New Waves: Kevin Germanier
Ecochic Design Award winner Kevin Germanier talked us through his fascination with creative transformations.
When I first met Kevin at his home in Angel one sunny afternoon, I was delighted to see the perfectly placed boxes of beads stacked high upon the windowsill, towering above an amazing view of North London rooftops. It wasn’t long before Kevin was explaining how his graduate collection was the wildest experiment he had ever attempted. “My whole life I have been raised by strict parents, and they ingrained in me a desire to achieve perfection. To look sleek, to have perfect hair, and a stable job.” Having studied fashion for a year in Geneva before arriving at Central St Martins, Kevin grew tired of hearing that his work was too controlled. “Everyone kept telling me to let go! It must be a Swiss thing,” he says, laughing and shaking his head. “For my final collection I really wanted to show everyone what I was capable of, and I knew it could be the last time that I work entirely by myself.”
Kevin’s graduate collection is unlike anything I have seen before. Perhaps this is partly due to his source of inspiration being truly unique in itself. His collection is based upon two female anime characters and their electrifying transitioning phases. The duo are transforming themselves into bigger, brighter, and more powerful versions of their former selves. Alter egos so to speak. Cue the strobe lights, darting sparks, flashes of luminous light and a whirlwind of colour. This enchanting re-birth holds an intrinsically deeper meaning for Kevin, who as a child can recall watching his favourite show religiously. “I was obsessed with these anime characters because I could relate. There was this school-girl who just wanted to be a hero, and then there was me. A young boy living in a small Swiss village, who just yearned to be a fashion designer.” For Kevin, everything suddenly became a little clearer, “This explosion is something inside of me. It is about how I can explore these feelings.” Kevin knew he had to investigate this connection further, and during his hours of research he realised that “each transition phase used the same colour scheme.” A light-bulb moment followed. Kevin now knew what he was going to do for his final collection. He was going to show everyone that he could be free and wild in ways they couldn’t have imagined. It was time for his transformation.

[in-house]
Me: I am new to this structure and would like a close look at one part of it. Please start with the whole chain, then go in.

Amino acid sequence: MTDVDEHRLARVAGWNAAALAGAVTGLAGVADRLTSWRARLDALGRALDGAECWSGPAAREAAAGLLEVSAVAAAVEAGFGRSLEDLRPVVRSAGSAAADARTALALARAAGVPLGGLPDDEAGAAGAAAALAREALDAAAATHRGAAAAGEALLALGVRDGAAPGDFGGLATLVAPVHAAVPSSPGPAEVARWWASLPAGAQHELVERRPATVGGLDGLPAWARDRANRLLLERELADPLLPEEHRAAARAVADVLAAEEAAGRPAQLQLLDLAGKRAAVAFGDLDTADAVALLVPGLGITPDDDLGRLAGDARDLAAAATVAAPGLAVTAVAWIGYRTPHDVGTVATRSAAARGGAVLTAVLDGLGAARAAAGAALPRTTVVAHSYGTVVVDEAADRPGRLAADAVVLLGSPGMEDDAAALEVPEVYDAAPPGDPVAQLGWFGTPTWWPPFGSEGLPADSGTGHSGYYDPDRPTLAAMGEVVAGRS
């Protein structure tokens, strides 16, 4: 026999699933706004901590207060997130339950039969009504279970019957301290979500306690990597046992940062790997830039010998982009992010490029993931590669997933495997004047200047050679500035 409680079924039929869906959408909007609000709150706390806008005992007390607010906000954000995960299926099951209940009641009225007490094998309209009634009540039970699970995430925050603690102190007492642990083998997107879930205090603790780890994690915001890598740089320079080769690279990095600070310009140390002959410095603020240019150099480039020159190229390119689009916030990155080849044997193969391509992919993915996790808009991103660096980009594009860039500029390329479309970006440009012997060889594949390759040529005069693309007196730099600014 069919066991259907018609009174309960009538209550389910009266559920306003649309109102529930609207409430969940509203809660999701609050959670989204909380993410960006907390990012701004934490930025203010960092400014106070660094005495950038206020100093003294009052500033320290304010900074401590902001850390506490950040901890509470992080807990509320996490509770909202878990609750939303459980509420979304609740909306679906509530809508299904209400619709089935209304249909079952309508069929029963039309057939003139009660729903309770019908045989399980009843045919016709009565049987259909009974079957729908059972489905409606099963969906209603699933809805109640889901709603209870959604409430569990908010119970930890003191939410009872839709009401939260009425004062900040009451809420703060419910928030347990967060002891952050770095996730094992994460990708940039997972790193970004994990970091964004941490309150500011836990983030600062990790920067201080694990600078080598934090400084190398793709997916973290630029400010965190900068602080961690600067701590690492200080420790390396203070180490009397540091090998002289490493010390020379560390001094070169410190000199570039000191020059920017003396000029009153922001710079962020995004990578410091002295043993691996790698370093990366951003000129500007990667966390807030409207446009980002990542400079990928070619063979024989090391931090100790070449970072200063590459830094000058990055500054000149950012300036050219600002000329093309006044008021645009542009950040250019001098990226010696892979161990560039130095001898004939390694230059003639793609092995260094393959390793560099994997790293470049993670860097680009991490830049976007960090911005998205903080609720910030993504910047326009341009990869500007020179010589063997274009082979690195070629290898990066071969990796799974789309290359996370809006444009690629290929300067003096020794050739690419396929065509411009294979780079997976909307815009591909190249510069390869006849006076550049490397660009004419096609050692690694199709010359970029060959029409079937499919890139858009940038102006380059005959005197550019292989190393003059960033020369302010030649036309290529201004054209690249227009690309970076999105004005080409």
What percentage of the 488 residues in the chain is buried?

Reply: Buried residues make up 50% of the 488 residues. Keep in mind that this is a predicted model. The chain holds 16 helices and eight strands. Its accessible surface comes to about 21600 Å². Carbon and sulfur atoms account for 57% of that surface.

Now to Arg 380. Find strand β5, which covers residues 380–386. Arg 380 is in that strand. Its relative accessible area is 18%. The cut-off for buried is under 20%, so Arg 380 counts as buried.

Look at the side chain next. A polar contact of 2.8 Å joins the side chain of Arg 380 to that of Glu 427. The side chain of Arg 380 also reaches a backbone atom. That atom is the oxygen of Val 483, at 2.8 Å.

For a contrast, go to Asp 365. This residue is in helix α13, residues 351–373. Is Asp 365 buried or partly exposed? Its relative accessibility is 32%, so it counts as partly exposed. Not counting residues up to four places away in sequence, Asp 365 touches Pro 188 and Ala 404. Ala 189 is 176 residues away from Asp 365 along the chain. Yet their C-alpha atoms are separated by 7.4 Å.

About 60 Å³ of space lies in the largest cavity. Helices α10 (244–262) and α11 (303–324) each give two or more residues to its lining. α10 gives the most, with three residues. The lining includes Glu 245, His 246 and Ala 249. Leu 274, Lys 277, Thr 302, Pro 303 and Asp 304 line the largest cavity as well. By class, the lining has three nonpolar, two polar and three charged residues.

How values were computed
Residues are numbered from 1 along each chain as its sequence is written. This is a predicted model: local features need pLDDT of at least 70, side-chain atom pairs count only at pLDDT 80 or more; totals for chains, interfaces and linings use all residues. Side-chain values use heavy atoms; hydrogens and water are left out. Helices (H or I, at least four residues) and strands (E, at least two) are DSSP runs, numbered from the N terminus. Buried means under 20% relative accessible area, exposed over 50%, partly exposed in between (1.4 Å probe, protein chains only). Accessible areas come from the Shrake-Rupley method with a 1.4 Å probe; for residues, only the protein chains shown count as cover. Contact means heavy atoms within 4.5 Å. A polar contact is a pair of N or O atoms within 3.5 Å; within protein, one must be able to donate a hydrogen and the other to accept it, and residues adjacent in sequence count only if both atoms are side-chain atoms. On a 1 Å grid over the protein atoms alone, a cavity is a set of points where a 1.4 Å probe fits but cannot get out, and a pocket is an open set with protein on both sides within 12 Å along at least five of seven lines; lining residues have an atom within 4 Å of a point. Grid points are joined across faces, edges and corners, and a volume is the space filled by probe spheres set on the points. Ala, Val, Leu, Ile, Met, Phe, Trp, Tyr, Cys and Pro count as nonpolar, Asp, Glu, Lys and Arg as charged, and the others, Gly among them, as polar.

Not only does the collection look extravagant, it is also entirely sustainable. Now you may be asking yourself – how on earth is that even possible? Kevin’s life-long love of couture wasn’t going to stop his dream of creating something that is also sustainable. “I really wanted to show people that sustainability can be fashionable too. Today, people see sustainability as a trend. That’s so stupid, it’s not a trend. It should always hold importance.” Something that has always been important to Kevin is making use of what you have and avoiding excess consumption. “Why would you not be more flexible and work with what you have?” Kevin wondered while discussing a previous internship at a fashion label. “Instead of spending more money and consuming more than you need, use the materials that you have. Can fashion be humble and nice again?” Kevin pleads, referring back to his design idol Christian Dior who revolutionised post-war fashion. “It’s more about the way he thought. You have to remember that after the war everyone was worrying about a lack of money. Christian Dior however, his mind worked in a completely different way. I wish one day I will think like him, to see sustainability and create something completely unique, unthought of and fit for the future.”
The Swiss designer goes on to explain the difference between his collection and the typical “linen t-shirt with ECO boldly printed on it, or recycled denim jeans. Not that these are bad ideas, but I wanted to explore what the future holds for sustainability.” Kevin’s eyes light up as he squeezes his hands tightly together in a prayer-like position – “My dream would be for people to look at the beaded dresses and appreciate the vibrant colours, the sleek cut, and overall look of the outfits. Only then, would I want them to know that it is sustainable. There are many preconceptions that come with the word sustainable, and I want my collection to be judgement-free.”
Kevin spent months carefully sourcing the materials he would use for the collection. They had to be sustainable, reasonably priced and in good condition. The designer ended up using nude wool that “couldn’t be sold because it was stained in places.” For Kevin’s project this was perfect, as he knew he was coating the dresses in brightly coloured beads. When it came to creating his belts, necklaces and fabric knots, Kevin inventively made use of the ends of premium tailoring wool. Kevin has definitely succeeded. The last thing you would expect when looking at Kevin’s electric collection, is for it to be sustainable. Each piece is utterly unique, bursting with colour, crafted to perfection – it’s simply brilliant.